A Programmer’s Guide to Creating Better Workflows

You might already know how to improve your code by removing complexity and making sure the code is performing well. But do you struggle with creating nice workflows for your content creators?

At one of my workplaces, we had the trouble of having really bad workflows. They were the result of programmers speaking directly to content creators and implementing exactly what they asked for. Now, you might think that is a good thing. You should always listen to the client, right?

The main problem is that neither programmers nor content creators know what it takes to create a good user experience. They could both identify that the experience was less than ideal but didn’t really know how to solve it. It’s like seeing a painting and being able to tell that it’s ugly, without knowing how to paint. The result is an over-use of swear words in the office when people get frustrated with the bad workflows. Furthermore, it results in worse end-products since the iteration times don’t allow for that much polishing.

I’ll give some tips that you can use to improve the daily life of your content creators. This, in turn, will save time for both you and them.

But first, we’ll have to define what workflows are and what makes them good.

What Are Good Workflows?

Shortly speaking:

A workflow is a series of tasks that a user needs to complete in order to accomplish his end goal.

Now let’s break that down because this is crucial to understand.

The first part talks about a series of tasks. There is a planned out path here and the tasks are not random. In a good workflow, they are very well thought out and optimized. This will serve as the foundation of creating any good workflow when we describe the process further down.

Now, without having an end goal in mind, it is impossible to break down a workflow into tasks. That is why the second part of the definition is also important.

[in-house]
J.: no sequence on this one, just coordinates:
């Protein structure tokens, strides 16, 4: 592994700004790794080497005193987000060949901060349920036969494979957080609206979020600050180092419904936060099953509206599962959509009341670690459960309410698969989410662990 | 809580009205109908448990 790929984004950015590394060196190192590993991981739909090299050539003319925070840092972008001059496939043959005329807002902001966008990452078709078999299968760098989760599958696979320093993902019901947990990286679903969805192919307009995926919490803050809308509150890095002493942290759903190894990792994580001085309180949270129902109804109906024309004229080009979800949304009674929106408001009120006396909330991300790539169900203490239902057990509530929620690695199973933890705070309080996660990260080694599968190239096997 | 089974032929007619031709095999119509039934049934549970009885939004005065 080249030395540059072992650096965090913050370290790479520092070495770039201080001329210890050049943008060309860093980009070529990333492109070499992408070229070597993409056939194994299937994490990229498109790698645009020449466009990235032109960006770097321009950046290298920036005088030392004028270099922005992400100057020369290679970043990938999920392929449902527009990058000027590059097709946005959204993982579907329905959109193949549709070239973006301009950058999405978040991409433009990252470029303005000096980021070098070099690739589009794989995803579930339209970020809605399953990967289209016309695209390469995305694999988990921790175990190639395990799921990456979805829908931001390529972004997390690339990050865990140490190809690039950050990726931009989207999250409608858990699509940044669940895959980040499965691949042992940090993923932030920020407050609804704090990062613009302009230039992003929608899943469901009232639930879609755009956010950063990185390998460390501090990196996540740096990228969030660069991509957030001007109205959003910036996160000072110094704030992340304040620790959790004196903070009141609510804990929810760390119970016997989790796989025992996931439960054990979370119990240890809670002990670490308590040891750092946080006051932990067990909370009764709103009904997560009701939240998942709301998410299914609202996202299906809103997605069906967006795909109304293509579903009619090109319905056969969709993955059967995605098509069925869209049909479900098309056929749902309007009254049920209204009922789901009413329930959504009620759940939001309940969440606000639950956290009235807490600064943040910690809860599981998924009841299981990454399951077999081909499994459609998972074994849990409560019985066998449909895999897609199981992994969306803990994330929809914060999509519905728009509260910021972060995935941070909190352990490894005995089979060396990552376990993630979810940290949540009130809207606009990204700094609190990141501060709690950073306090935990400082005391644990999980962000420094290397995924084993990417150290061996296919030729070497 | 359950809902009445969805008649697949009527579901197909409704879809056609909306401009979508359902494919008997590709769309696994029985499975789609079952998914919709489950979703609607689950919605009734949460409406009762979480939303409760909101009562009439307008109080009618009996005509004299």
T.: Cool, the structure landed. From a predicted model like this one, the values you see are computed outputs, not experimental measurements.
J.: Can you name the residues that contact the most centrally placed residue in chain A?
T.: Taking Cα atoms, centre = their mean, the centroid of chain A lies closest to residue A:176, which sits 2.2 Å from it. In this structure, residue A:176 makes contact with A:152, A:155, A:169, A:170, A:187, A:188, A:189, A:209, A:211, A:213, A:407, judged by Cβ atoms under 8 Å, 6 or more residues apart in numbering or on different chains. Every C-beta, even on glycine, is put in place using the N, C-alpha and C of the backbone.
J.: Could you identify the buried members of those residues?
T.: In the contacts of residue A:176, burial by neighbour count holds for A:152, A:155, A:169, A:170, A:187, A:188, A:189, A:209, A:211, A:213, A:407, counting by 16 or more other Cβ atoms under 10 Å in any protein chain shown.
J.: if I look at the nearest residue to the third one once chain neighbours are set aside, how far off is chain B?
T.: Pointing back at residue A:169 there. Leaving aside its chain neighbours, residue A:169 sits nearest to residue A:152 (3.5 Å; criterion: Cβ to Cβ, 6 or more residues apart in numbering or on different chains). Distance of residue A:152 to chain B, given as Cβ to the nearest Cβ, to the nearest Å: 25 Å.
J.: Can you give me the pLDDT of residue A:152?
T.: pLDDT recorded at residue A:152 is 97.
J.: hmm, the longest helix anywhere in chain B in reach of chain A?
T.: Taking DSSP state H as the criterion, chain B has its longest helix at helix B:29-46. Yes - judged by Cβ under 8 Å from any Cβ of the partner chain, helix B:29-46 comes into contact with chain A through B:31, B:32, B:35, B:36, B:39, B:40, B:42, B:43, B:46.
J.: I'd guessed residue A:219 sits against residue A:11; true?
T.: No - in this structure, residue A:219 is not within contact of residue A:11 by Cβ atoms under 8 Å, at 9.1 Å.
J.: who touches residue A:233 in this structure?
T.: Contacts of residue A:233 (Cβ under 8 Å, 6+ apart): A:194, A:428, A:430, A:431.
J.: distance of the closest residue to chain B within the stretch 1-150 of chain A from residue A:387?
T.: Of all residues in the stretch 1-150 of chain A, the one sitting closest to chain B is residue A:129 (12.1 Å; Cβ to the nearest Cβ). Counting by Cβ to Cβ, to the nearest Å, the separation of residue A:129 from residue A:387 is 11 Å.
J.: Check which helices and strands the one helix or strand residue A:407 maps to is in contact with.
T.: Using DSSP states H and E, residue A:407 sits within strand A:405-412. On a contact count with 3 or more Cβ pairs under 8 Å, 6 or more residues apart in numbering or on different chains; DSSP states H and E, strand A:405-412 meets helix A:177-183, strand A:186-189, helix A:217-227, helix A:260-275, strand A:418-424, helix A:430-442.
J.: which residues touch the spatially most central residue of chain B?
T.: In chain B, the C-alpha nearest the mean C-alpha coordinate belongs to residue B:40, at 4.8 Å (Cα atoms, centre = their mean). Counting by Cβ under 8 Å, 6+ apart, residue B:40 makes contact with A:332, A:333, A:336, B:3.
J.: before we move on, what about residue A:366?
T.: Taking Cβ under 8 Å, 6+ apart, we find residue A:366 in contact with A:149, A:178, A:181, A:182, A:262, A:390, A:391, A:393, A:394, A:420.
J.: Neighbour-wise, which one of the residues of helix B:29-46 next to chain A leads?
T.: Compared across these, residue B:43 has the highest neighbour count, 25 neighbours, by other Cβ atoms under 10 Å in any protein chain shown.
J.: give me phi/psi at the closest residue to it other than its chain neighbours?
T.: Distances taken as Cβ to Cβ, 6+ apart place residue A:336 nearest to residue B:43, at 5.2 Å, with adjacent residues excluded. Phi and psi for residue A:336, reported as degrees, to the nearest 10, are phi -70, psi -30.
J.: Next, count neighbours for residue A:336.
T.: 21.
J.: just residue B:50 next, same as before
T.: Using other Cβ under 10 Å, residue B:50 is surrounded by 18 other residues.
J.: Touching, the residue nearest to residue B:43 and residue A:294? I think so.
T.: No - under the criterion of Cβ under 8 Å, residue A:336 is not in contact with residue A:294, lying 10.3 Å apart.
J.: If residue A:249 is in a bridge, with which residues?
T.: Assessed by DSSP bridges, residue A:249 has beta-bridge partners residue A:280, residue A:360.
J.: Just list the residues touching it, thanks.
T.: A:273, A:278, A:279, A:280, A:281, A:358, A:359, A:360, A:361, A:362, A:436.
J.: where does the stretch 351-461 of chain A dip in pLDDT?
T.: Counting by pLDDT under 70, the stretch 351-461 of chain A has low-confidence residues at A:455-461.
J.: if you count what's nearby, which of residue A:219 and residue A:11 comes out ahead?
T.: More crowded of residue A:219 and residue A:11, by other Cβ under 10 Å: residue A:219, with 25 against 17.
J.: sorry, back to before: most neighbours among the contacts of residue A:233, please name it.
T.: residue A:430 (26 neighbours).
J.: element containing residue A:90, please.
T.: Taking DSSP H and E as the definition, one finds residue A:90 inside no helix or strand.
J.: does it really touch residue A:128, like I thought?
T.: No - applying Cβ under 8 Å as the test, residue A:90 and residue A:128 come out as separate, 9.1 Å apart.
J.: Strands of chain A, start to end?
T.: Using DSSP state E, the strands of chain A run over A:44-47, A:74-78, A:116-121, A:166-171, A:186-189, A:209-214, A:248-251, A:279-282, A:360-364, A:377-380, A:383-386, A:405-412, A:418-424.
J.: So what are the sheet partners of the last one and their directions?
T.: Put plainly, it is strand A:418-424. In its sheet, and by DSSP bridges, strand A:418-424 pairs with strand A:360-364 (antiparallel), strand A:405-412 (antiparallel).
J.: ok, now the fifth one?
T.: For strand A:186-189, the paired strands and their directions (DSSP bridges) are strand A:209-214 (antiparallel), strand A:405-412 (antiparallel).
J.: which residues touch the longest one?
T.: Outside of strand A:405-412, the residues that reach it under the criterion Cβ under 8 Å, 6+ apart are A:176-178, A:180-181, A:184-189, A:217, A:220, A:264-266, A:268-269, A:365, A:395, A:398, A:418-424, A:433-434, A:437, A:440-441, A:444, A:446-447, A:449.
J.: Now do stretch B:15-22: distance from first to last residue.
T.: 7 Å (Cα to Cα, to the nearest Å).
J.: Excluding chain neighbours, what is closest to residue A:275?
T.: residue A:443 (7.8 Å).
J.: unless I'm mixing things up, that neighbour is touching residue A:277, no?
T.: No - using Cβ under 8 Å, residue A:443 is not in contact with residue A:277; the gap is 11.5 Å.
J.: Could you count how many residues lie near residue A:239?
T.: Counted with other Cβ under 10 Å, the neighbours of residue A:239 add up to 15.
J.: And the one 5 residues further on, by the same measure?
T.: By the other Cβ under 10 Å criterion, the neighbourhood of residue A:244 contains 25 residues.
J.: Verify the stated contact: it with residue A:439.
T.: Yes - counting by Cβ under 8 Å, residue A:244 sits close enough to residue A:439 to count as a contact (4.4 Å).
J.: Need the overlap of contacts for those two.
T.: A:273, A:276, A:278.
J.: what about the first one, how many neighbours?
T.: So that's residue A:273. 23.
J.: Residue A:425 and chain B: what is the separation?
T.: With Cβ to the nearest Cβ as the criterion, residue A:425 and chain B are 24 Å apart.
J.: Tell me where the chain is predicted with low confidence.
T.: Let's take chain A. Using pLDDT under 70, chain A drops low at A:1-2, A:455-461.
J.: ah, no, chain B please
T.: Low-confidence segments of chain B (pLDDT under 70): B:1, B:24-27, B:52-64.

But, how do we differentiate a good workflow from a bad one? The short answer is, it depends. It depends on who the user is, what the end goal is and what the tasks are. A good workflow for one user might be a terrible one for another.

The user needs to be the center point when designing a good workflow. That is why user experience (UX) designers put a lot of thought into who their users are and spend time observing and interviewing them. But you as a developer can get pretty far by just changing the way you approach workflow creation. And you also have the added benefit of being a developer, meaning you will be able to hack the process.

Gathering Insights

You should optimize workflows to minimize two things: Time of completion and cognitive energy required. Identifying the trouble spots requires some different strategies and I’m going to cover some of them.

But first, a word of caution: Not every workflow needs to be optimized. You must carefully choose the workflows that are most commonly used. Optimization takes time and you are kidding yourself if you think that optimizing rarely used workflows is the best way to spend your valuable time. That is why you need to start with collecting data, a process which should ideally be automated. And this is where you can start hacking.

Data Collection Using Telemetry

Having some form of telemetry integrated into your application allows you to collect valuable data. This data can give insight into exactly what users are doing and what is taking up time. But there are some things to be aware of.

First, you should make sure that your collected data represents the active time that the user is actually spending on workflow tasks (as opposed to grabbing a coffee). There are several ways to do this. But having some sort of idle timer is an easy way to go.